Clearly, psychological resilience dominates the overall index effect on these two self-reported pandemic outcomes. The psychological resilience measure combines equal parts of depression, psychological distress, and life satisfaction pre-pandemic. On one level, this might not be surprising since the peri-pandemic outcome measures available were based on self-reports of comprehensive impact on the participants’ lives and perceptions of COVID-19 worry, given the stress-inducing aspects on individual mental health [8, 22, 51, 52]. Additionally, research into the effects of the pandemic on older adults in general suggests that pandemic-induced stress mediation can take place if older individuals proactively pursue effective coping resources at an early stage [15, 16]. The psychological resilience domain encapsulates positive well-being and mental health metrics (levels of depression and distress). Worthy of further examination, qualitative research has revealed several resilience promoting processes including concern for others, community capital, faith, personal experience in dealing with stress in the past, and physical activity [13, 51, 53].
The absence of support (and contrary support for personal worry) for social resilience might be the result of mitigation policies that eroded the protective effect that this domain may have exerted on pandemic stressors. In addition, the weak finding with personal worry that was opposite to our hypothesis could be indicative of concern for others linked to larger social networks. Similarly, the lack of support for the functional domain may also relate to the stay-at-home policies, which reduced the protective effect of this form of resilience on pandemic impact and worry. This suggest that the protective effects of various forms of resilience must be understood relative to unique adversity contexts.
Several covariates were also associated with pandemic comprehensive impact and personal worry. Multimorbid older adults who were the oldest in this sample (75+), living with others, partnered, Caucasian, with higher education, higher incomes, and living in urban areas reported less comprehensive impact of the pandemic. These findings are consistent with research employing a social determinants of health approach to multimorbidity outcomes [21, 38] and formative research on resilience and pandemic and outcomes [2, 3, 12, 49]. Similar relationships were found for personal worry, except those earning less than $20,000 annually were less likely to worry about the COVID-19 pandemic than those with higher incomes, perhaps because they had more to lose due to the pandemic’s effects on the economy.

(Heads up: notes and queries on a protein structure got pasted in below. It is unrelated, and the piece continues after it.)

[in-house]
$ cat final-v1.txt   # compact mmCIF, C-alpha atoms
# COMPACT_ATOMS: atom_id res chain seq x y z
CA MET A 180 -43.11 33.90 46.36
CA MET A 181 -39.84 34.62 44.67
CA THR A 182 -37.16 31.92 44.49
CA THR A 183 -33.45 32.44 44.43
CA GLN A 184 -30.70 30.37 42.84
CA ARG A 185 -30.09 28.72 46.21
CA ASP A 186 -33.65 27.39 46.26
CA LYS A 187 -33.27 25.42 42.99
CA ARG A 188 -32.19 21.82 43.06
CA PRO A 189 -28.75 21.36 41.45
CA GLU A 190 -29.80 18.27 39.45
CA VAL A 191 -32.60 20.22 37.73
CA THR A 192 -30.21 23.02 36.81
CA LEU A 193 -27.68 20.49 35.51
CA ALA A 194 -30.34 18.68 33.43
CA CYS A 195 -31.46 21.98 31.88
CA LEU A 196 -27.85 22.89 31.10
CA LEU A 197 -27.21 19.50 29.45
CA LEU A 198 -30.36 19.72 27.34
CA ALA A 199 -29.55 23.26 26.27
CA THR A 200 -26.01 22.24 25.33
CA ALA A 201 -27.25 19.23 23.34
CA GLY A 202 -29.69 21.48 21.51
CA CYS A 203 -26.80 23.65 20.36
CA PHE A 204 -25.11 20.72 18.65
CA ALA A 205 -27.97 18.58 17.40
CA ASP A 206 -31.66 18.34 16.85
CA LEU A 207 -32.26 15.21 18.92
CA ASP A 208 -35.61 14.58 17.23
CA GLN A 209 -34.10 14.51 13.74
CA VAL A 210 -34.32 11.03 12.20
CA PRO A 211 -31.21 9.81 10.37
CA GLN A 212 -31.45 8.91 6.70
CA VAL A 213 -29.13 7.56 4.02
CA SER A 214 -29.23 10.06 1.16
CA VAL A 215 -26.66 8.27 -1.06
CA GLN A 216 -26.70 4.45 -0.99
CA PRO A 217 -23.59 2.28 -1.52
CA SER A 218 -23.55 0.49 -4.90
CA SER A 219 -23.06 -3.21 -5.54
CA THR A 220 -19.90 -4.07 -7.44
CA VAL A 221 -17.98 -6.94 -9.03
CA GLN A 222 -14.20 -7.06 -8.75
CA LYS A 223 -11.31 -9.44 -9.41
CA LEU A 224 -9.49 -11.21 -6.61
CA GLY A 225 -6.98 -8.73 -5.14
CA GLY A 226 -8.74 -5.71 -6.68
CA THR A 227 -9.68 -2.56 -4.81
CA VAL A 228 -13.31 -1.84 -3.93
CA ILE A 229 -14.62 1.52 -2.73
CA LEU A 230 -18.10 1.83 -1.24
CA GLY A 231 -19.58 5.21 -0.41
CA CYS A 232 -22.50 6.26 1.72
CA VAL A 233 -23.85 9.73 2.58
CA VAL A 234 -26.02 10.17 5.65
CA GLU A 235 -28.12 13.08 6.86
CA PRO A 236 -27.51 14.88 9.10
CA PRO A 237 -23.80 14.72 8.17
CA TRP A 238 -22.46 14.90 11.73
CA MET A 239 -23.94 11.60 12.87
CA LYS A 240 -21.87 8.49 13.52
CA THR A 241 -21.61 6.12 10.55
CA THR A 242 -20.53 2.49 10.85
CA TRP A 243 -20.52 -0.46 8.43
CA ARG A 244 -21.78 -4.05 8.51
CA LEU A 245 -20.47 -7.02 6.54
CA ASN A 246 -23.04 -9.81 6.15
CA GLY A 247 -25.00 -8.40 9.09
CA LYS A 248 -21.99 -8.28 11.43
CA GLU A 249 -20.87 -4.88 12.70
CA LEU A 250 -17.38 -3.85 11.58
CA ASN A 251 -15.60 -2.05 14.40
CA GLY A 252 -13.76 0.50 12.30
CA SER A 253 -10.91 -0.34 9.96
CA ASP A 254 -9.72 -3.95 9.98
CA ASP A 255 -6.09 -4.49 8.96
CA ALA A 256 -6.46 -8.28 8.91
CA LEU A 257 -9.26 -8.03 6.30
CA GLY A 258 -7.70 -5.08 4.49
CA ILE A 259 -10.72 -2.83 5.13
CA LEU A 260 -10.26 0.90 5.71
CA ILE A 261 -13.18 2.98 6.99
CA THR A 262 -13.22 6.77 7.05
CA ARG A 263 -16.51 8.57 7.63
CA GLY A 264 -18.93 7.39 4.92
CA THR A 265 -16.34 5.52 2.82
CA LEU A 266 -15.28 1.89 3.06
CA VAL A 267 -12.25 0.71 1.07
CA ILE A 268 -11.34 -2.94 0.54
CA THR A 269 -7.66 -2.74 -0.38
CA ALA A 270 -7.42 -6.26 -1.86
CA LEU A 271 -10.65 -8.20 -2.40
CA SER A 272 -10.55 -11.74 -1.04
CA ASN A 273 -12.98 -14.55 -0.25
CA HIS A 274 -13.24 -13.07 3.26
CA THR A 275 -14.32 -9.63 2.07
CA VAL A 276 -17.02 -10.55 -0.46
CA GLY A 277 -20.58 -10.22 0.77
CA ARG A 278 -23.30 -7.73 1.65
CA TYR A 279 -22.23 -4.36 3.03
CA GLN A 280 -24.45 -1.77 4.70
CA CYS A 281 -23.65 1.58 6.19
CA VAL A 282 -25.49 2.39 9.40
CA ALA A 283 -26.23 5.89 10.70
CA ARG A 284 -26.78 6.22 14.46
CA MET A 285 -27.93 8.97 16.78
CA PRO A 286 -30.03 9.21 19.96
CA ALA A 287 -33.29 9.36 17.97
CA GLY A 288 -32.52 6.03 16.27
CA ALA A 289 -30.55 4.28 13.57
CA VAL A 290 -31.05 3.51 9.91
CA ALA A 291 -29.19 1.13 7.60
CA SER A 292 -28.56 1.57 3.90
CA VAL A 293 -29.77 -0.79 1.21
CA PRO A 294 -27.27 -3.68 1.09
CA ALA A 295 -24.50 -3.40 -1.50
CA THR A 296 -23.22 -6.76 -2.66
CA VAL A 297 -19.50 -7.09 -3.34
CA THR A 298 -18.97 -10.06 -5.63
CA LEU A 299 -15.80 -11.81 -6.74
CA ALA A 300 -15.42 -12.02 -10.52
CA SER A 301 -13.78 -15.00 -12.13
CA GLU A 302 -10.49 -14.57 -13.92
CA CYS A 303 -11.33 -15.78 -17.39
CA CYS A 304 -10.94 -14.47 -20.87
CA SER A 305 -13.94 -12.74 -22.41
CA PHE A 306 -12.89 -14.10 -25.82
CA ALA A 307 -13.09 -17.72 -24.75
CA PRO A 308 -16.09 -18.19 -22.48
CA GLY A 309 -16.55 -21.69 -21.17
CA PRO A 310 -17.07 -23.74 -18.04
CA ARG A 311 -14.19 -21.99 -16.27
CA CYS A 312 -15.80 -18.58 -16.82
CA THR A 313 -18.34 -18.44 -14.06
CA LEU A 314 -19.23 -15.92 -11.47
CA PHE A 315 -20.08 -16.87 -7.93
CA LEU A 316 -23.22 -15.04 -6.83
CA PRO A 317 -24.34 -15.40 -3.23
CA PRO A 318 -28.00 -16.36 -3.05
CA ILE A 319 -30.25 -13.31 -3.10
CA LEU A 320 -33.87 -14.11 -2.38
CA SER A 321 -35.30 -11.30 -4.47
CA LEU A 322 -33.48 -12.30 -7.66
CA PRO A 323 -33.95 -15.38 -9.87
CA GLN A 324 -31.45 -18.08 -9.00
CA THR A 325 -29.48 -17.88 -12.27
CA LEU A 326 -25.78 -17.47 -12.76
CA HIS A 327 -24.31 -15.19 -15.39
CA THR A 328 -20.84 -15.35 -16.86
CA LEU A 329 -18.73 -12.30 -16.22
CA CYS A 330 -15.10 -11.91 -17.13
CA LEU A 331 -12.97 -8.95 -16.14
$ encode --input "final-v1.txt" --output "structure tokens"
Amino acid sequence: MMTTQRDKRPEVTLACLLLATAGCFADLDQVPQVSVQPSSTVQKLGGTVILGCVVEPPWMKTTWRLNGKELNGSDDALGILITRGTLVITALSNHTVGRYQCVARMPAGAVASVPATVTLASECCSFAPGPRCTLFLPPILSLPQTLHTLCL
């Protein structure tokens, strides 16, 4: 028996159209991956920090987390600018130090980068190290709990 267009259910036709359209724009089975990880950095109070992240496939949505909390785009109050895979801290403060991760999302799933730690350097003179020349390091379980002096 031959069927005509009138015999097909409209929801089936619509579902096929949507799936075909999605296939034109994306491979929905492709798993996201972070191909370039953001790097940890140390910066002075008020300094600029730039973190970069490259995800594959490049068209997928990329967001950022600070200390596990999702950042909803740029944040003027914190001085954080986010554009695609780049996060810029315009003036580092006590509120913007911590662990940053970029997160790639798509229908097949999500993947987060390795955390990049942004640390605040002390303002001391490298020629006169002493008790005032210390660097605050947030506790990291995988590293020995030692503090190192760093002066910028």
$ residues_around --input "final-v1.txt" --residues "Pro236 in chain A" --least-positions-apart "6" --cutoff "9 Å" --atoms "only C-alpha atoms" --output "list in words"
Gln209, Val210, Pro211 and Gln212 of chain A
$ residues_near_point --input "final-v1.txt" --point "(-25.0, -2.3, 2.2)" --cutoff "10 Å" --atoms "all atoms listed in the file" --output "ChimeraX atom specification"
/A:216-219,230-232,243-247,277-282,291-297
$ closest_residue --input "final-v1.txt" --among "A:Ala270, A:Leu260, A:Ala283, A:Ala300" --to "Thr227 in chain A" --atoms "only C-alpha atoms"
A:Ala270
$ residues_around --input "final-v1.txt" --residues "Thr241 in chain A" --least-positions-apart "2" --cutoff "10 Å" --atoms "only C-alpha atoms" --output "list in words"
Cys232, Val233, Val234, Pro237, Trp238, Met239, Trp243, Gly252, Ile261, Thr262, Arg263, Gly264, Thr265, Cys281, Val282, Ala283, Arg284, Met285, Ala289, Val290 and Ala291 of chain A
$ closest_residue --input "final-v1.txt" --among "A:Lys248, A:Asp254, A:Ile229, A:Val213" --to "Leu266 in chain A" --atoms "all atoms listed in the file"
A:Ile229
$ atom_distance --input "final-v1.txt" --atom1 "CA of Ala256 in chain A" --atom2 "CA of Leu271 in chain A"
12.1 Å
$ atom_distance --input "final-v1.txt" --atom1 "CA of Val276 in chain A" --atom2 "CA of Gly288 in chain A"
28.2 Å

The implications of this research indicate a need to recognize that not all older adults are equally vulnerable to the stressors inherent in the COVID-19 pandemic. This suggests the need to tailor and target health promotion and public health programs and policies. Among multimorbid older adults, support of interventions that focus attention on depression and distress reduction pre-pandemic and peri-pandemic (e.g., telehealth counselling, community support programs, cognitive therapy, etc.) and enhancement of life satisfaction (healthy aging and activity programs) could foster psychological resilience against future pandemics or other disasters [8, 10, 16]. Clinicians responsible for high risk populations such as multimorbid older adults need to employ interventions early in a pandemic, for instance multidisciplinary rapid response teams [15, 16]. Furthermore, proactive strength-based approaches to enhance psychological forms of resilience, such as positive psychology (mindfulness, meditation, spirituality, dispositional optimism, sleep, etc.), may prove to be valuable forms of preparedness and absorption of pandemic-induced stress as well as peri-pandemic adaptation [6, 14–16, 52]. Clinical interventions require identification of external support systems so that potential resources can be enhanced by fortifying the unique strengths and circumstances of an individual, community or system. Finally, several known mutable social determinants of health also act as protective factors to pandemic impact and worry, in particular income support, literacy, and community support systems pointing to additional fruitful areas of health promotion. The integration of social-psychological resilience models with structural models may prove to be useful to understand pandemic crises, for instance the application of system models of disaster resilience , and socio-ecological models of resilience , which incorporate multi-level resilience.
A number of limitations need to be recognized. First, the outcome measures are self-report measures reflecting perceptions of comprehensive impact and personal worry about the pandemic. Extension of this research using objective measures may be fruitful. Second, the measures of resilience used in this study were developed specifically from available CLSA data and reflect interactions of resilience and adversity. Other established measures, such as the Connor-Davidson Resilience Score , or the Brief Resilient Coping Scale , or a priori statistical methods of estimating resilience  are worthy of exploration and validation of these results. In addition, there are other resilience measures at the community or system-level (e.g., disaster resilience) that may help to pinpoint socio-ecological areas of import. Third, using a crude indicator of multimorbidity (such as two or more) does not fully capture the type, severity, onset, and unique symptomology. The current study also modelled analyses (not reported in this paper) using three multimorbidity clusters based on subsets of the 27 conditions (cardiovascular; osteo; and a mental health cluster), with replication of the findings. Fourth, the focus on older adults (65+) with multimorbidity limit the generalizability to other groups. Finally, this research needs to be expanded to other groups and populations.